To School: Don't Mix Your Cars, Cell Phones
By JOHN M. DERBY
August 17, 2017
images of the young woman who was driving with her cell
phone on as the car went out of control and crashed, are
still very clear in our mind. The death of her sister, who
was in the back seat of the car, is also part of the aftermath.
All right, we admit, we have been guilty of answering a
phone call on our cell while driving, but we are trying
to not let that distraction happen, and instead pull off
to the side of the road if it is so important to answer
the call will wait and there is just no excuse for making
calls while driving. This accident could have been prevented
if the driver was not on the phone taking a video of herself.
Police also alledge that her blood tested over the legal
enough, driving under the influence is a felony but operating
a cell phone while involved in an accident is only a misdemeanor.
is another factor right now which adds to the high risk
of driving and cell phone use and that is the number of
students on the sidewalks going back to school.
motorists we need to be specially careful because kids often
do not have safety on their mind.
riders take up part of the roads and since they have every
right to their share, drivers need to give them plenty of
year additional cars are added to the street traffic just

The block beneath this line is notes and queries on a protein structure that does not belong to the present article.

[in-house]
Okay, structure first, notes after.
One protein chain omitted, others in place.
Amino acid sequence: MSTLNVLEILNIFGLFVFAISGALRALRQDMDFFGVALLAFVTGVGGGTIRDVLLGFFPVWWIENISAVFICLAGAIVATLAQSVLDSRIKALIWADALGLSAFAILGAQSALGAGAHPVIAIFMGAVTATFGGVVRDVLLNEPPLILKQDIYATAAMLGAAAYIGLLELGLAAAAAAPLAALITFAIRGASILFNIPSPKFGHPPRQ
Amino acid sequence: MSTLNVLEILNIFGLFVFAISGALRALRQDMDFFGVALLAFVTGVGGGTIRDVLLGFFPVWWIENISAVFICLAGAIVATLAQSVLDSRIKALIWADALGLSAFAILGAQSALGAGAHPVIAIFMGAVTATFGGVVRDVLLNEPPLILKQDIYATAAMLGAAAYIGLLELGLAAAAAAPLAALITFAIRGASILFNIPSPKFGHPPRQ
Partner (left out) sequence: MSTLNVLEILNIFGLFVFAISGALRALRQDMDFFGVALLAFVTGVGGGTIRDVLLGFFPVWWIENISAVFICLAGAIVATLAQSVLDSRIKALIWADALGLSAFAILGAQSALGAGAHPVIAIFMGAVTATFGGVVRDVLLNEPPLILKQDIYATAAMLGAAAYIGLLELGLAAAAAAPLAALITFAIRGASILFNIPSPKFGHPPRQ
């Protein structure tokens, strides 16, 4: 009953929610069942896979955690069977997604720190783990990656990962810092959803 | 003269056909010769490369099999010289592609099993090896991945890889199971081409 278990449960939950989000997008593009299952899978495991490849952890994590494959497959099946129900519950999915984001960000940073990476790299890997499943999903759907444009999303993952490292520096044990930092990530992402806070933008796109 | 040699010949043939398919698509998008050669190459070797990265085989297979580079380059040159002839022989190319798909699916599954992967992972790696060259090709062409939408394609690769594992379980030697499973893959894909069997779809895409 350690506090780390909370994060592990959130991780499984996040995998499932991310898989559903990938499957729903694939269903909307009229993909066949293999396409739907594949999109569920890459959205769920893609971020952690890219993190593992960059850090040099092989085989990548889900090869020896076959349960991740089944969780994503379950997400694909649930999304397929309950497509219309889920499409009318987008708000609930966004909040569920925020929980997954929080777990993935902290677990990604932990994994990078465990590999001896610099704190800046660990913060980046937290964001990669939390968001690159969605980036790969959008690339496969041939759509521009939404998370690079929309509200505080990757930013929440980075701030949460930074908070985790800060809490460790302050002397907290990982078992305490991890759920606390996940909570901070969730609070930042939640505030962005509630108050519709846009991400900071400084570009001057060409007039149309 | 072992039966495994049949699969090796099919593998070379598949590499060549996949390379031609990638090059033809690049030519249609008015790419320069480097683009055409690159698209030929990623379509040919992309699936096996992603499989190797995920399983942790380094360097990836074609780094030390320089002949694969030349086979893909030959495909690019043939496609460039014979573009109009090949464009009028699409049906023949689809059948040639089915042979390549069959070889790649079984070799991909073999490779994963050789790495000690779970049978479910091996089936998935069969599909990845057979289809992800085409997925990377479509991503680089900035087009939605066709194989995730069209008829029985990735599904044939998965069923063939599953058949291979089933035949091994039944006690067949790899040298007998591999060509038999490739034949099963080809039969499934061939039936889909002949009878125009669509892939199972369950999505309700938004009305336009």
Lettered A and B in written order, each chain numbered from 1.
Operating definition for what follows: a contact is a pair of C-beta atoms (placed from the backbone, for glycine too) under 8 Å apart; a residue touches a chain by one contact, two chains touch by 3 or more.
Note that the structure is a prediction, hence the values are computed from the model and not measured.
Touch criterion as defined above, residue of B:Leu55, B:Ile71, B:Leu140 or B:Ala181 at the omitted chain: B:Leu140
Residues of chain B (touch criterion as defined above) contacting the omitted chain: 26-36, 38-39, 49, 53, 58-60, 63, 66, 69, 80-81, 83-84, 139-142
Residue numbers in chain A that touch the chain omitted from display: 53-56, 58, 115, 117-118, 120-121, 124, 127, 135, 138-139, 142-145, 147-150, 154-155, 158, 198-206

prior to the start of classes. School buses have helped
to remove some of these students from the sidewalks, but
this comes at a price as the students miss the exercise
they need to build their healthy bodies.
is no simple answer to the cell phone abuse problem. With
each passing year, younger and younger students seem to
find it necessary to have their own personal cell phones.
As a distraction, there is nothing worse.
businesses have stopped allowing employees to use them while
at work. Cell phones are restricted in many public buildings
and public meetings. Doctors offices ask that they be turned
off and it is just good manners to prevent them from ringing
while other people are trying to enjoy lunch or dinner at
a nice restaurant.
manners should be a bigger factor in the use of cell phones
but this is not always the case.
leaves common sense. We know that cell phones are a major
distraction and today driving takes all the attention we
can provide. Even the phones which do not require hands
on, are still a distraction to the driver who needs to have
his or her full attention on the road, and the other drivers
and pedestrians who are around the vehicle.
a minute the next time the phone rings while you are driving,
and ask yourself: “How important is this call?”
... “Can it wait until you get to your destination?”
... “Can you afford the consequences of an accident
which could have been prevented, if only the cell phone